ICCVAM is an interagency committee composed of representatives from 15 Federal regulatory and research agencies that require, use, generate, or disseminate toxicological and safety testing information. ICCVAM conducts technical evaluations of new, revised, and alternative safety testing methods with regulatory applicability and promotes the scientific validation and regulatory acceptance of toxicological and safety testing methods that more accurately assess the safety and hazards of chemicals and products while reducing animal use, refining animal use by enhancing animal welfare and lessening or avoiding unrelieved pain and distress, or replacing animals used for testing. The ICCVAM Authorization Act of 2000 (42 U.S.C. 285 l-3) established ICCVAM as a permanent interagency committee of the NIEHS under NICEATM. NICEATM administers ICCVAM, provides scientific and operational support for ICCVAM-related activities, and conducts independent validation studies to assess the usefulness and limitations of new, revised, and alternative test methods and strategies. NICEATM and ICCVAM work collaboratively to evaluate new and improved test methods and strategies applicable to the needs of U.S. Federal agencies. NICEATM and ICCVAM welcome the public nomination of new, revised, and alternative test methods and strategies for validation studies and technical evaluations. Additional information about ICCVAM and NICEATM can be found on the NICEATM-ICCVAM Web site (http://iccvam.niehs.nih.gov).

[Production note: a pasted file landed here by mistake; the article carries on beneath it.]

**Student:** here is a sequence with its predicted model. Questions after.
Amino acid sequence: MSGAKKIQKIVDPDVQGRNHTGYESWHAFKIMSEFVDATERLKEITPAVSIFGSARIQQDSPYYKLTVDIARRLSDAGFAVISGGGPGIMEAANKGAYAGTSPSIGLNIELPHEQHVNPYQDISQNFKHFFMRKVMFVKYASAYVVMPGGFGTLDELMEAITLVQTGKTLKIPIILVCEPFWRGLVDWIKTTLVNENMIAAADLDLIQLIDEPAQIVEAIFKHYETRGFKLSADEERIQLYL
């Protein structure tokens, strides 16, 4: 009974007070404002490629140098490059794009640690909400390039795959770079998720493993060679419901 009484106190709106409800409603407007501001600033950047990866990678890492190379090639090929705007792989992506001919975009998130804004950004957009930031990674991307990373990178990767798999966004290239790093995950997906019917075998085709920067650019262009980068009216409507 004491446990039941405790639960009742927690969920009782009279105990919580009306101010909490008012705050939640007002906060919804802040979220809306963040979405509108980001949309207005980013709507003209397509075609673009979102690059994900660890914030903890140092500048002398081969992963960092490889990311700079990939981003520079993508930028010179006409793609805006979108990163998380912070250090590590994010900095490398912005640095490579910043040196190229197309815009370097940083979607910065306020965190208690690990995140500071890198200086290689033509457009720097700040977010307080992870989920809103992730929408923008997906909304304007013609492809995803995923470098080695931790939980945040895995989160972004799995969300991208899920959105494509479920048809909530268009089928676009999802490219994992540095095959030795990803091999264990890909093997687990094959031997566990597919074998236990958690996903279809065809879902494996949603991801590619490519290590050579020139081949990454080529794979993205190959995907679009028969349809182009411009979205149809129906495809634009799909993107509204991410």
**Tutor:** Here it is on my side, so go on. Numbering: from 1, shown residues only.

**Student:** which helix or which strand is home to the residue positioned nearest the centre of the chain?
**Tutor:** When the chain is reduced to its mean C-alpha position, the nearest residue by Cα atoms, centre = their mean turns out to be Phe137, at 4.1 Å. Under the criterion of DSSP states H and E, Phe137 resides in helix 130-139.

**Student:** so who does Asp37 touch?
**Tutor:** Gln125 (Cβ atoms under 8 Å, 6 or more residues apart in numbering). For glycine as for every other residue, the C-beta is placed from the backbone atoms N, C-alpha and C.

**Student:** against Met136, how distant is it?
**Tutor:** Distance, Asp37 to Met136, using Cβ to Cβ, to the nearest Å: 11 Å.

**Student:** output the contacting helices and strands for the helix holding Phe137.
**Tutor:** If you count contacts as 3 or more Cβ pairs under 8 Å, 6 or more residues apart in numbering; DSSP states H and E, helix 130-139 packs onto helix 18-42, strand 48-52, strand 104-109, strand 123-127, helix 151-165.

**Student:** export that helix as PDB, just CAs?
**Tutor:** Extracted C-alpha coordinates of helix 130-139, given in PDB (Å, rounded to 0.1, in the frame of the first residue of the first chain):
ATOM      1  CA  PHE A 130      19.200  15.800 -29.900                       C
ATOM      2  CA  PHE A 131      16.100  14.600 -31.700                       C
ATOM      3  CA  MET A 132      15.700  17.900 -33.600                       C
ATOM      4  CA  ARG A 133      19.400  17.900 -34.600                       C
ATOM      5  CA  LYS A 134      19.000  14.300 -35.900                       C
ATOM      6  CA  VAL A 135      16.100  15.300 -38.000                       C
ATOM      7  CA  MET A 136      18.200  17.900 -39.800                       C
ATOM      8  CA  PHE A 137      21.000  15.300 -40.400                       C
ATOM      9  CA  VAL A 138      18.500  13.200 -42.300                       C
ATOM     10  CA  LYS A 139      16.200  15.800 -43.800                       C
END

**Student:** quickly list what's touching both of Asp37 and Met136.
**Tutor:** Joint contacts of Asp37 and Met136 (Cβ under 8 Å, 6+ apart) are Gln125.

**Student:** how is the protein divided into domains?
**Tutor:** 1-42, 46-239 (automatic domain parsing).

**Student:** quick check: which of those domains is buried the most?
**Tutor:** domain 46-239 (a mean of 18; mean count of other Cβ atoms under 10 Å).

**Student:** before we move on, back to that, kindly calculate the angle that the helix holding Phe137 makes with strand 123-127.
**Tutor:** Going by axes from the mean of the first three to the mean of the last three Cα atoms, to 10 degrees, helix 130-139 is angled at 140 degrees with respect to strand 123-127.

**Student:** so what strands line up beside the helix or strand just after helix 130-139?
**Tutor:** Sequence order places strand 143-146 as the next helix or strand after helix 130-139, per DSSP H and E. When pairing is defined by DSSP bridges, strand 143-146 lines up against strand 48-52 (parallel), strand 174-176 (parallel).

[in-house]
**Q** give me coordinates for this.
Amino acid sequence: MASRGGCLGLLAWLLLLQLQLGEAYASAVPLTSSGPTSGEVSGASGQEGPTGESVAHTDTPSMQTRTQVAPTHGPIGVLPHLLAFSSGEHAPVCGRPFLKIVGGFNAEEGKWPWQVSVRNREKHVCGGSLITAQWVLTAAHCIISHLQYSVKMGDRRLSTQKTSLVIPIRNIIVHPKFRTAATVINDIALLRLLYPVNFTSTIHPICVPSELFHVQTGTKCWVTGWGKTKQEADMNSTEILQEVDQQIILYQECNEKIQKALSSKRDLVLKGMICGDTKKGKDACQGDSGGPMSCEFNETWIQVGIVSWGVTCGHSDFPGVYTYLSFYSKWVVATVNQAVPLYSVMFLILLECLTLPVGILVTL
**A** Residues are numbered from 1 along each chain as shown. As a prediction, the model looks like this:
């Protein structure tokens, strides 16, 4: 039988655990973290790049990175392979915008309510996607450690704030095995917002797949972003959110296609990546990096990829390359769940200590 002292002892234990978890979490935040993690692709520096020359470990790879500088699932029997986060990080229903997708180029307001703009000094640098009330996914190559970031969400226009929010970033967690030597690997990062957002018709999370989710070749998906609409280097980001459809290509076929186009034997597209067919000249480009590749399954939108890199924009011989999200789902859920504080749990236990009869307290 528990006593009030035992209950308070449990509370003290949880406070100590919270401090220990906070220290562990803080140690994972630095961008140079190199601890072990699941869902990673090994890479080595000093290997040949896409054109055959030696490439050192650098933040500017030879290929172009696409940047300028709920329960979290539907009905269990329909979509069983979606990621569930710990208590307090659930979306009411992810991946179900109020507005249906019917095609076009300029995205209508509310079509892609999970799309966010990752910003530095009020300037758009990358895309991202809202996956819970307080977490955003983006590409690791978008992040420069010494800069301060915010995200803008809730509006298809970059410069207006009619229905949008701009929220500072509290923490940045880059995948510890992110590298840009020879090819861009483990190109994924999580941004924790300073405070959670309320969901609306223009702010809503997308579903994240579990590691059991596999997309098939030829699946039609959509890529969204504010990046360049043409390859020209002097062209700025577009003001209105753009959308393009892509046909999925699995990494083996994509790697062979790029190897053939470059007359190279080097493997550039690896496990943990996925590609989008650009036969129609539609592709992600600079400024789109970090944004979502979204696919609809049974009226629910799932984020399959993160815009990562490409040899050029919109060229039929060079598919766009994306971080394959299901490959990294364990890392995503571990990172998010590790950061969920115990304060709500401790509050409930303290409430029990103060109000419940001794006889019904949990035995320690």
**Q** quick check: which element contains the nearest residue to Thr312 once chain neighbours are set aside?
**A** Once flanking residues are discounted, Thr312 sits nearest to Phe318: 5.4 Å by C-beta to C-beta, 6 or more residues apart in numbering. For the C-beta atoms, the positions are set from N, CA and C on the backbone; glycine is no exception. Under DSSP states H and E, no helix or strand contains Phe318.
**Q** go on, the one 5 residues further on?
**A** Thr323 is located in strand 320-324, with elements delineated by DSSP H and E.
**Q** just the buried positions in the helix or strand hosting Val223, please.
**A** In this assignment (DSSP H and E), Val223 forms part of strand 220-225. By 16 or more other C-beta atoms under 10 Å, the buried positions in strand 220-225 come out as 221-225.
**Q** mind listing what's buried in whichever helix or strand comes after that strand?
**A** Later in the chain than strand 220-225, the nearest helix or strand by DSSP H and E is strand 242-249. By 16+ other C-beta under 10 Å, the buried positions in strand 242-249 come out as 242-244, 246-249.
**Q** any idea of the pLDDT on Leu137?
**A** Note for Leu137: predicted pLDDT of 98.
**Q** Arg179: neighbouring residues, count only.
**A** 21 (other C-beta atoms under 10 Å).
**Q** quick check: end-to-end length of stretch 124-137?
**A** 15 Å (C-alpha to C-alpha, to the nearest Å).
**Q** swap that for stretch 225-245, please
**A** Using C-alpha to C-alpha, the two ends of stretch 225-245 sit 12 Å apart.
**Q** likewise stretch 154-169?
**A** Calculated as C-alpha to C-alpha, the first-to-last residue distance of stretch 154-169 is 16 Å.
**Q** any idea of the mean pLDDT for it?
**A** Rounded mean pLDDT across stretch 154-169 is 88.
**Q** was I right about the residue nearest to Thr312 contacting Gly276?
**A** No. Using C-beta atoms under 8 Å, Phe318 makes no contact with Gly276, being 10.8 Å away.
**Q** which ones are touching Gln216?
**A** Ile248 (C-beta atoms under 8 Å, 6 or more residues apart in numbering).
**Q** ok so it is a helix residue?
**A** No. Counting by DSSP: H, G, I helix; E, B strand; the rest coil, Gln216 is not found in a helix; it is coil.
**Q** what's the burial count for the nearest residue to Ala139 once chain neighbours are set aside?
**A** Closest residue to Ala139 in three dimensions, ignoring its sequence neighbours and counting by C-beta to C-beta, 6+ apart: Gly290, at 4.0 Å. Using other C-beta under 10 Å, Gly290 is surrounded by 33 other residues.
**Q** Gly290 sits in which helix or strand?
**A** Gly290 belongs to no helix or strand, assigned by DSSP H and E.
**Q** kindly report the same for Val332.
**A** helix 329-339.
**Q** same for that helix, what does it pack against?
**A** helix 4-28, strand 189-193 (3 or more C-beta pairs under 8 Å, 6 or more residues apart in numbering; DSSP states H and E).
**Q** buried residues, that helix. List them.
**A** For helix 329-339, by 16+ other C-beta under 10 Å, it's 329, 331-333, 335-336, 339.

SACATM was established in response to the ICCVAM Authorization Act [Section 285 l-3(d)] and is composed of scientists from the public and private sectors (67 FR 11358). SACATM advises ICCVAM, NICEATM, and the Director of the NIEHS and NTP regarding statutorily mandated duties of ICCVAM and activities of NICEATM. SACATM provides advice on priorities and activities related to the development, validation, scientific review, regulatory acceptance, implementation, and national and international harmonization of new, revised, and alternative toxicological test methods. Additional information about SACATM, including the charter, roster, and records of past meetings, can be found at http://ntp.niehs.nih.gov/go/167.
ICCVAM. 2011. ICCVAM Test Method Evaluation Report: Usefulness and Limitations of the Murine Local Lymph Node Assay for Potency Categorization of Chemicals Causing Allergic Contact Dermatitis in Humans. NIH Publication No. 11-7709. Research Triangle Park, NC: National Institute of Environmental Health Sciences. Available: http://iccvam.niehs.nih.gov/methods/immunotox/LLNA-pot/TMER.htm.
Dated: February 15, 2012.
John R. Bucher,
Associate Director, National Toxicology Program.
[FR Doc. 2012-4541 Filed 2-24-12; 8:45 am]